OPG, which operates two nuclear sites and is responsible for more than $40 billion in assets, was granted permission by the government to use private-sector comparators, as the size and scope of its operations are “more complex than those of many other public sector organizations in Canada” and it has primarily recruited its executives from the private sector.

Metrolinx is proposing a range of $375,300 to $479,500 for its CEO, and the agency’s human resources committee will recommend target salaries to the board of directors once its receives public feedback.

Metrolinx came under fire in the latest auditor general report for not holding contractors and design consultants accountable for projects that were late or inadequate and still awarding new work to contractors that had performed poorly in the past, and it is also dealing with a troublesome joint roll-out of the Presto card system with the Toronto Transit Commission.

The government sent colleges back to the drawing board after concerns were raised about the salary comparators that they were using for proposals that would boost presidents’ salaries by up to 50 per cent.

Harris said the same should be done in these circumstances.

“(Minister) Deb Matthews called the colleges’ increases of up to 50 per cent unacceptable, so why no comment today on potentially the increases over at OPG and Metrolinx?” he said. “(Premier) Kathleen Wynne has to step in and take the same stance her minister did with regards to the colleges and say this is unacceptable.”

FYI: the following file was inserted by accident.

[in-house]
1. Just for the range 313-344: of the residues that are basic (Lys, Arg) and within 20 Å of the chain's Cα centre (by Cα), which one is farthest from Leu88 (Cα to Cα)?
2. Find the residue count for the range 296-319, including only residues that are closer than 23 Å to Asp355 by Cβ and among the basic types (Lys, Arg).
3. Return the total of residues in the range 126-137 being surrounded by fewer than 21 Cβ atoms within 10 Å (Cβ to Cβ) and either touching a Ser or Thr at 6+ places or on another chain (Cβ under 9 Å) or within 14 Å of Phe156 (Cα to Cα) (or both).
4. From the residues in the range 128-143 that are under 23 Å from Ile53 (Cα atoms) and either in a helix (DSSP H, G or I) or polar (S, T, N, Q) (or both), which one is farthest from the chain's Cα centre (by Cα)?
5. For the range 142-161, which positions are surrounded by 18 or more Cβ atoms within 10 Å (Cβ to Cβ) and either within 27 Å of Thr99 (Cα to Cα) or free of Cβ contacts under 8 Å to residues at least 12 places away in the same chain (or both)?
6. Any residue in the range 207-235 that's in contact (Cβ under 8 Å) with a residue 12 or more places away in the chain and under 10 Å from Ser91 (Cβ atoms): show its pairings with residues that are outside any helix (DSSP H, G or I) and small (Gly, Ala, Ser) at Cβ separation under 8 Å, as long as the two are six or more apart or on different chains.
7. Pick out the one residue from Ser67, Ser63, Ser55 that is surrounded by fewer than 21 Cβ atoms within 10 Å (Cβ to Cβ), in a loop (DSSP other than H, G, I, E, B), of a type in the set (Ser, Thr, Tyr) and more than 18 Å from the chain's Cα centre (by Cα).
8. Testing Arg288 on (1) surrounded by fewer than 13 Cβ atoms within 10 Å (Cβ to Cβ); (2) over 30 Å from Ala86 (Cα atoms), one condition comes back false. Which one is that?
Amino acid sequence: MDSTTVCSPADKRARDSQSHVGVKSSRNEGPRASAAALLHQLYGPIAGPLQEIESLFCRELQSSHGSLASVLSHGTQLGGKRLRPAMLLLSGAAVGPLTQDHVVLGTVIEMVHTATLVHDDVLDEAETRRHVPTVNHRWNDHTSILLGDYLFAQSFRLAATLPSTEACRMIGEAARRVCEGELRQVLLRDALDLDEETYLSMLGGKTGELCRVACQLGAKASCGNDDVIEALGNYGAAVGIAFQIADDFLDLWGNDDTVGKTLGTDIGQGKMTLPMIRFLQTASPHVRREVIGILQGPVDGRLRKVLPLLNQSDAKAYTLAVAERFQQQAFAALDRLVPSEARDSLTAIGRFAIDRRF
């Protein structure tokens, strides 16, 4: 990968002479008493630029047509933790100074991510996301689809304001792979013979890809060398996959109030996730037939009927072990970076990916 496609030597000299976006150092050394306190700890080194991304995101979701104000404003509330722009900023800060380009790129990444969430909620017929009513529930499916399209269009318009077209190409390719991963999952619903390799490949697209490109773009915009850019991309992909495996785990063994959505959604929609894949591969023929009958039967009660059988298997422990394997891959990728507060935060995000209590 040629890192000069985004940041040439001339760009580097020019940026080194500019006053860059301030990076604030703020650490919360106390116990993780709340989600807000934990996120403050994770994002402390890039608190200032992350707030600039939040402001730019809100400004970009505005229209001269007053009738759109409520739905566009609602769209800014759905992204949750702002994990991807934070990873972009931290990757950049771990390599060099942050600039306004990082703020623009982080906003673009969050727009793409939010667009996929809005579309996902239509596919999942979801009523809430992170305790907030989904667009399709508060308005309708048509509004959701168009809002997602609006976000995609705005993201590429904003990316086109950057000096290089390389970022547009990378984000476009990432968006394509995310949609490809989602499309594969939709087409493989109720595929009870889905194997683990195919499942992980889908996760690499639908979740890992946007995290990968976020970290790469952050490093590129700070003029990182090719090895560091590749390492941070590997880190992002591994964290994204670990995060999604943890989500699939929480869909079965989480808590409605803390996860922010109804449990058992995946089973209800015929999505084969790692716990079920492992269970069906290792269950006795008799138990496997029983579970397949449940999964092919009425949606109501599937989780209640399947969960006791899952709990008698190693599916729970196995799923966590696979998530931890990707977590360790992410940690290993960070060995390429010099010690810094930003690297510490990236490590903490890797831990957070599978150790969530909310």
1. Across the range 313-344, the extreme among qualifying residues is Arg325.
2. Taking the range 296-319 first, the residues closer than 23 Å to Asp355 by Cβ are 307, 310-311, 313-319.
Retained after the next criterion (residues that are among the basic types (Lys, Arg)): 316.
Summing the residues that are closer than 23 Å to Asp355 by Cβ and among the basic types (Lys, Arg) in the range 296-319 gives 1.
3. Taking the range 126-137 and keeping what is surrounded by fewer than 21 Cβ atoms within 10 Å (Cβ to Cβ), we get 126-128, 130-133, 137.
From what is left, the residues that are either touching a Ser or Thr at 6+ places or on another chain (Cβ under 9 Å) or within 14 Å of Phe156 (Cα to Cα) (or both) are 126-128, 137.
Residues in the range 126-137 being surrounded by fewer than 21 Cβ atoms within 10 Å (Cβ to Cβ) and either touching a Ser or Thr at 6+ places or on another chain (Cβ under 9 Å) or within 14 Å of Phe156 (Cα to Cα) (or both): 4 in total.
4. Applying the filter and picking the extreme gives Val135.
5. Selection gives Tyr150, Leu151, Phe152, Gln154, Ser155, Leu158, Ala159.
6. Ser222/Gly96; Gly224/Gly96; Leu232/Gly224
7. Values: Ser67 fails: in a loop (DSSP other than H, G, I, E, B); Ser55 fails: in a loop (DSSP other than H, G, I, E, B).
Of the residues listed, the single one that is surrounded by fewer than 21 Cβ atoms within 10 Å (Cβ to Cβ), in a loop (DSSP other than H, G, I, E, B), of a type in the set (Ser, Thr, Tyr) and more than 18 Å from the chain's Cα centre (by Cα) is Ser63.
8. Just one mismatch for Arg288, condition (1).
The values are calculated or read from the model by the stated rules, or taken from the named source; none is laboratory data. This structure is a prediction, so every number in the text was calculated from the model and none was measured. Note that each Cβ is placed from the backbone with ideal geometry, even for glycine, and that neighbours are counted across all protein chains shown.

The Treasury Board said it expects that all public-sector employers will stick to the rules.

“This plan strikes an appropriate balance between being able to hire and retain talent and ensuring public transparency and appropriate salary caps,” spokesman Matt Ostergard said in a statement.

“Just as we did with Ontario Colleges, if we feel the process is not carried out properly, or does not reflect adequate or relevant comparators, we will ask the agency to go back and resubmit their proposal.”

The NDP says the raises and proposed raises are a slap in the face to Ontarians, most of whom also haven’t seen a pay increase in years.

Public sector agencies are required to post their executive compensation proposals publicly for 30 days of comment. Metrolinx’s proposal is available in a link on the homepage of its website. OPG’s public comment period is over, but it received four public comments.

http://ipolitics.ca/2017/02/01.....-election/
Bugs





Joined: 16 Dec 2009
Posts: 4395
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PostPosted: Wed Feb 01, 2017 2:15 pm    Post subject: Reply with quote